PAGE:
There were about 10 boys sleeping over, all of us in the same room right next to the kitchen. Alex’s mom baked some really good cookies and they had rented “There’s Something about Mary” for the sleepover. We began the movie, started eating cookies and Alex’s mom went upstairs. Everything was fine until that scene where someone sees an old lady’s wrinkly naked boobs through binoculars. Everyone suddenly whipped their dicks out and began grunting while masturbating furiously. In a catatonic stupor, I stopped chewing my cookie and let it melt in my mouth hoping that if I stayed still enough, I would disappear. I noticed the only other kid in the room without their dick out was this kid Andrew (a very shy kid who lived next door and probably had no idea what he was getting into). Andrew sat on the carpet holding his knees, shivering in fear. I tried to get Andrew’s attention, hoping he’d look back so I could nod that everything would be over soon/life would get back to normal, but his eyes wouldn’t leave the carpet below his feet. As the grunts grew louder, one of them said “Andrew, why aren’t you doing it!?” (after all, he was more mature than me). His dead eyes slowly lifted from the carpet and looked straight at me, looking like Vincent D’Onofrio in Full Metal Jacket. I have yet to see that amount of despair in any man’s eyes.
He answered something about not wanting to do it and they persisted but I had stopped paying attention by then. My mind had retreated to some dreamworld where teenage mutant penises didn’t harass me and social status wasn’t directly proportional to how much butt hair you had. I stopped hanging out with The Bloods after that and having felt snubbed they began bullying me for years. I don’t really know what the moral or conclusion of this story is but if you’re in middle school or highschool and read my blog, the mean kids that are popular now will have hilariously boring jobs when they’re older and the girls you think are hot in middle school will probably be vapid 4s by the time you hit your 20s.
Oh wait no the conclusion is please remember this story every time you hear the Red Hot Chili Peppers.
Memoirs About Mental Illness
Agorafabulous! (2012) by Sara Benincasa
The author, a comedian and blogger, explores her experiences with agoraphobia and depression.
An Unquiet Mind (1995) by Kay Redfield Jamison
The author, herself a psychologist, chronicles her own struggles with bipolar disorder.
Bitter Medicine (2010) by Olivier and Clem Martini
Olivier, a graphic artist, and Clem, a playwright, create a graphic memoir about their family’s struggle with schizophrenia.
Blue Genes (2008) byChristopher Lukas
The author explores his family history of depression, bipolar disorder, and suicide.
The Center Cannot Hold (2008) by Elyn R. Saks
The author tells of her experiences with schizophrenia while also becoming a professor of law and psychiatry.
Darkness Visible (1990) by William Styron
The celebrated author of Sophie’s Choice explores his experience with depression.
Drinking: A Love Story (1997) by Caroline Knapp
The author tells of her long battle with anorexia and alcoholism.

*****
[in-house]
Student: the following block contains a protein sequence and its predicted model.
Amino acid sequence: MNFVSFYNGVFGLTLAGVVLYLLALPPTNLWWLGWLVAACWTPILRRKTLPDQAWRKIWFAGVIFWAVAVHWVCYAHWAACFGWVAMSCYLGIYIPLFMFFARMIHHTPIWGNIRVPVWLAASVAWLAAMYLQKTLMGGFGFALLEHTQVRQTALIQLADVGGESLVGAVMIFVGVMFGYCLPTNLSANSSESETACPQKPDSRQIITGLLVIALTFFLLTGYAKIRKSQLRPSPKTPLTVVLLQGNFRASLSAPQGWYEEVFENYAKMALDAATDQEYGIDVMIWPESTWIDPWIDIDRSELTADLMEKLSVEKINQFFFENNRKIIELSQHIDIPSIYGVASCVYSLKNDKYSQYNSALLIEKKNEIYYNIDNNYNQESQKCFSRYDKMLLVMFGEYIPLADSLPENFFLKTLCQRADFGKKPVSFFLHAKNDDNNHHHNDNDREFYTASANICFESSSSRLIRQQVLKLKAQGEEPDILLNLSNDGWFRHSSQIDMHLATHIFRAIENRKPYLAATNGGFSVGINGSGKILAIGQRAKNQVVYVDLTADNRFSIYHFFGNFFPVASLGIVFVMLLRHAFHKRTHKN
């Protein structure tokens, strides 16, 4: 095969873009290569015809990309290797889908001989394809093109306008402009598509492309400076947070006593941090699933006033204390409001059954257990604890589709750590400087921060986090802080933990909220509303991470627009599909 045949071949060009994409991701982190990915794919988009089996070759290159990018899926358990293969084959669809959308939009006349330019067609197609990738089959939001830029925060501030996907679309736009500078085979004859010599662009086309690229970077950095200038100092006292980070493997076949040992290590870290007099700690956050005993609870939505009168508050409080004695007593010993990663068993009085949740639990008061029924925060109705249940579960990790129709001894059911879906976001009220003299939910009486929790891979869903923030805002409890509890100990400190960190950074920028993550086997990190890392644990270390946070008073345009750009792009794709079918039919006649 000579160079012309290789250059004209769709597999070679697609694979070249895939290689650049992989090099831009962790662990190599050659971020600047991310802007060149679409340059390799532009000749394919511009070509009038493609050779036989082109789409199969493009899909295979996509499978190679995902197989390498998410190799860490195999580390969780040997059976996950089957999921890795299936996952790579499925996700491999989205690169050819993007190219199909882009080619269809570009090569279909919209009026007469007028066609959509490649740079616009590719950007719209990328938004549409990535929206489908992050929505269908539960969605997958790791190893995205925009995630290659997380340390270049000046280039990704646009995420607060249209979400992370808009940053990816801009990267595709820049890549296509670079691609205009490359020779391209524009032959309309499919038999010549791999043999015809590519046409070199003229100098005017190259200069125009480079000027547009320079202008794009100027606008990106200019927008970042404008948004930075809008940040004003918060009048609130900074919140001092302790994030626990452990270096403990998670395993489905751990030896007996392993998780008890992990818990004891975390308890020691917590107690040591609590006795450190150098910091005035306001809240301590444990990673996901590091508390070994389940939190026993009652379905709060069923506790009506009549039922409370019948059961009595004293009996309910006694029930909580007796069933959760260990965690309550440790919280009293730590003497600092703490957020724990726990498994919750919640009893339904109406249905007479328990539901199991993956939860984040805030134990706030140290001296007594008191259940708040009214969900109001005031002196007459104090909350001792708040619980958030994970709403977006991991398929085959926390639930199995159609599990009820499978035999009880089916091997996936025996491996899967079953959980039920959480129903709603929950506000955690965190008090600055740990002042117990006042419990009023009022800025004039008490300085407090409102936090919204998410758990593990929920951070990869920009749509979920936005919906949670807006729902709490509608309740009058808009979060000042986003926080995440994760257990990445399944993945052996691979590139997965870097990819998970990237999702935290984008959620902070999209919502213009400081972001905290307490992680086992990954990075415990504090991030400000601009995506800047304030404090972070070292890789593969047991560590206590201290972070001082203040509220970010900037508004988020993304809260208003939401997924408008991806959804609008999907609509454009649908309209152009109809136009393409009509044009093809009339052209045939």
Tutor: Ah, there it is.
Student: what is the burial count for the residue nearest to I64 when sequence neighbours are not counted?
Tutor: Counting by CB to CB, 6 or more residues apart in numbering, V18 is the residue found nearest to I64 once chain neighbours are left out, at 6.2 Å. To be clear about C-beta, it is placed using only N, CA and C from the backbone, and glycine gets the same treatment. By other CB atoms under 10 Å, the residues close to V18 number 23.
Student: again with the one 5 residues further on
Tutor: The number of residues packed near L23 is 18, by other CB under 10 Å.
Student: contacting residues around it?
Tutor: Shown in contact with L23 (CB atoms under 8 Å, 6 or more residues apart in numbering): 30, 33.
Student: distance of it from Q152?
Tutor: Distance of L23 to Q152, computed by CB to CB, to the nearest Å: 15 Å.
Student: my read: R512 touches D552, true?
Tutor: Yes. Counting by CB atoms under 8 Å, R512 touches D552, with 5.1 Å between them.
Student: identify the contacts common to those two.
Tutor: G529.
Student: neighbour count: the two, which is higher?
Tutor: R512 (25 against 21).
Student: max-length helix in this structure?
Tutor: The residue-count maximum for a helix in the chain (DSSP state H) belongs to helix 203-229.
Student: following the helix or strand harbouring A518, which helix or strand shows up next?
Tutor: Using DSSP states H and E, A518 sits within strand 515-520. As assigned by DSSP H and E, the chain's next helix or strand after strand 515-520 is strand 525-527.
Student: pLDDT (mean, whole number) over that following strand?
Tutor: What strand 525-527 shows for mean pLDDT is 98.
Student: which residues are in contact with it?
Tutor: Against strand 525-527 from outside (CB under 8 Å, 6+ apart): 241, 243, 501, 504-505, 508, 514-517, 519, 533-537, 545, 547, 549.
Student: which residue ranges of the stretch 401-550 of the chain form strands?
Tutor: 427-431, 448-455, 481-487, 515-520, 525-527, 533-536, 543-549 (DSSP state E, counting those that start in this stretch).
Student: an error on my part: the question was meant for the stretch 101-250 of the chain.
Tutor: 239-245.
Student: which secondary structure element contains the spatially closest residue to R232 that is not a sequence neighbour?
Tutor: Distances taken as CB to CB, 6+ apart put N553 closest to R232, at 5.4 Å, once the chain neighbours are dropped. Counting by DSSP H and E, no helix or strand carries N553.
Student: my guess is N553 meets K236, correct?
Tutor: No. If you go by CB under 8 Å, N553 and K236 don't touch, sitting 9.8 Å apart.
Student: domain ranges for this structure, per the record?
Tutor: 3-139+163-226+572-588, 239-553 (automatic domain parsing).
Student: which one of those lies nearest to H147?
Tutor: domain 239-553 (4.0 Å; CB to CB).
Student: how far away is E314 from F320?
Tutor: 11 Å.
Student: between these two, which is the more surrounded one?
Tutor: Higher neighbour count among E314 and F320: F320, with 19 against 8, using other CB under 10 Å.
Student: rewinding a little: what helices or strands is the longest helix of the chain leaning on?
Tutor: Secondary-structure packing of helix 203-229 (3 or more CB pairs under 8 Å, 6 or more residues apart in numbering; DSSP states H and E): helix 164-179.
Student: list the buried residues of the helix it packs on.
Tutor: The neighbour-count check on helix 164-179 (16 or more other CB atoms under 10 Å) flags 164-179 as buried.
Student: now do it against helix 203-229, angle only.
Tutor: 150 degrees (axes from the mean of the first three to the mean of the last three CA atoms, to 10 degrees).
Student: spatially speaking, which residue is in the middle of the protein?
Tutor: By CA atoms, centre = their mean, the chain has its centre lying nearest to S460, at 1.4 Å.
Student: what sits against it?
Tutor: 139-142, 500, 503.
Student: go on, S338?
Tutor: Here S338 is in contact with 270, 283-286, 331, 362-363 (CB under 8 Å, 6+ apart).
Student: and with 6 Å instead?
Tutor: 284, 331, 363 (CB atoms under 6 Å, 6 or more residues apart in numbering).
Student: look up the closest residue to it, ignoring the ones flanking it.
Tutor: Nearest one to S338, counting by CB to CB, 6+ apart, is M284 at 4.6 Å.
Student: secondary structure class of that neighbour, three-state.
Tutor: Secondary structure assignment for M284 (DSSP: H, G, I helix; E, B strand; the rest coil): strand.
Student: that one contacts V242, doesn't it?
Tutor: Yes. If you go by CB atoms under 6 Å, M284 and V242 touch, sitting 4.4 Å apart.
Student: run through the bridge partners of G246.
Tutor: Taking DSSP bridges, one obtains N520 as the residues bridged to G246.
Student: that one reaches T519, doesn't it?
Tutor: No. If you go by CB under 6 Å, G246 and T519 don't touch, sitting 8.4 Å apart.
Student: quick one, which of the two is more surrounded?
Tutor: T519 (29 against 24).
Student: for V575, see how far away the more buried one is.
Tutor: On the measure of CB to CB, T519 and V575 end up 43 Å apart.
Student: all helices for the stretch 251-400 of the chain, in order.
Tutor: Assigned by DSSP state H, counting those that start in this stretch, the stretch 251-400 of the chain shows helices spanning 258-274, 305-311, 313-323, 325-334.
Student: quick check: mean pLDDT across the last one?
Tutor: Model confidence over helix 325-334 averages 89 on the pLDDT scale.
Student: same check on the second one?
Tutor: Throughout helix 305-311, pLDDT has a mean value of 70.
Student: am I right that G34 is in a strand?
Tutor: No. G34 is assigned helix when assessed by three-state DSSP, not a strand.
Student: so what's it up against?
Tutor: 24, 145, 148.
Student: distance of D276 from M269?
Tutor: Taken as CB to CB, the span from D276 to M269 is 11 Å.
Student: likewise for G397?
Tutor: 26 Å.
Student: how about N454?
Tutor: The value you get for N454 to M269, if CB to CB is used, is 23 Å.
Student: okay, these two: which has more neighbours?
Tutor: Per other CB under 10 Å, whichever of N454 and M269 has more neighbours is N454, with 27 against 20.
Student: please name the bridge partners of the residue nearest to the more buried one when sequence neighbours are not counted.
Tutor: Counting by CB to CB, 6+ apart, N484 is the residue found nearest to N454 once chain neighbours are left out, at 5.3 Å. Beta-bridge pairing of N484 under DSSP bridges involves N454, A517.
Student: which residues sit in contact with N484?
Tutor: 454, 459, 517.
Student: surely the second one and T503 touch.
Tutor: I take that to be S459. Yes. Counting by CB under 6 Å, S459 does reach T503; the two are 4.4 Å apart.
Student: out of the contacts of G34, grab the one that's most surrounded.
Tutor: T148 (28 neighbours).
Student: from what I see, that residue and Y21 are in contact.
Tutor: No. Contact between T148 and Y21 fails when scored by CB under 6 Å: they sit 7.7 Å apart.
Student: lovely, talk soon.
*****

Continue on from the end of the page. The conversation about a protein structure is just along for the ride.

Electroboy (2003) by Andey Behrman
The author’s story of bipolar disorder and electroconvulsive therapy.
Girl, Interrupted (1993) by Susanna Kaysen
Kaysen, diagnosed with borderline personality disorder, chronicles her two-year stay at a psychiatric hospital at age 18.
Girl in Need of a Tourniquet (2010) by Merri Lisa Johnson
The author’s struggle with borderline personality disorder.
Hurry Down Sunshine (2009) by Michael Greenberg
A father’s look at his daughter’s struggle with bipolar disorder.
Just Checking (1999) by Emily Colas
A mother’s story of OCD.
Loud in the House of Myself (2012) by Stacy Pershall
The author’s story of eating disorders, bipolar disorder, and borderline personality disorder.
Lucky (2002) by Alice Sebold
The author chronicles the trauma she experienced after she was raped in college, and the depression and substance abuse that followed.
Marbles (2012) by Ellen Forney
A graphic memoir about the author’s experiences with bipolar disorder.
Monkey Mind (2012) by Daniel Smith
The author’s battles with anxiety.
Passing for Normal (2000) by Amy S. Wilensky
The author’s story of Tourette’s syndrome and OCD.
Prozac Nation (1994) by Elizabeth Wurtzel
Wurtzel chronicles her experiences with depression and substance abuse during her college and young professional years.
The Quiet Room (1996) by Lori Schiller
The author tells of her seven-year long journey through psychiatric hospitals and halfway houses in her battle with schizo-affective disorder.
Running With Scissors (2003) by Augusten Burroughs
The author chronicles his childhood in which his mother sent him away to live with her psychiatrist.
Skin Game (2000) by Caroline Kettlewell
The author explores her story of self-harm throughout her young adult life.
Sickened (2003) by Julie Gregory
The author tells the story of her abusive mother’s experience with Munchausen by proxy disorder.
Stalking Irish Madness (2008) by Patrick Tracey
The author attempts to unravel his family’s history of schizophrenia after the disorder plagues two of his sisters.
Unholy Ghost (2002) edited by Neil Casey
An anthology of writers on depression.
Wasted (2009) by Marya Hornbacher
In this Pulitzer Prize-nominated book, the author tells of her 14-year struggles with eating disorders.
Welcome to My Country (1997) by Lauren Slater
The author, a psychologist, chronicles the stories of her patients and connects them with her own experiences with mental illness.
When Rabbit Howls (2002) by Truddi Chase
The author tells her story of dissociative identity disorder through her alters.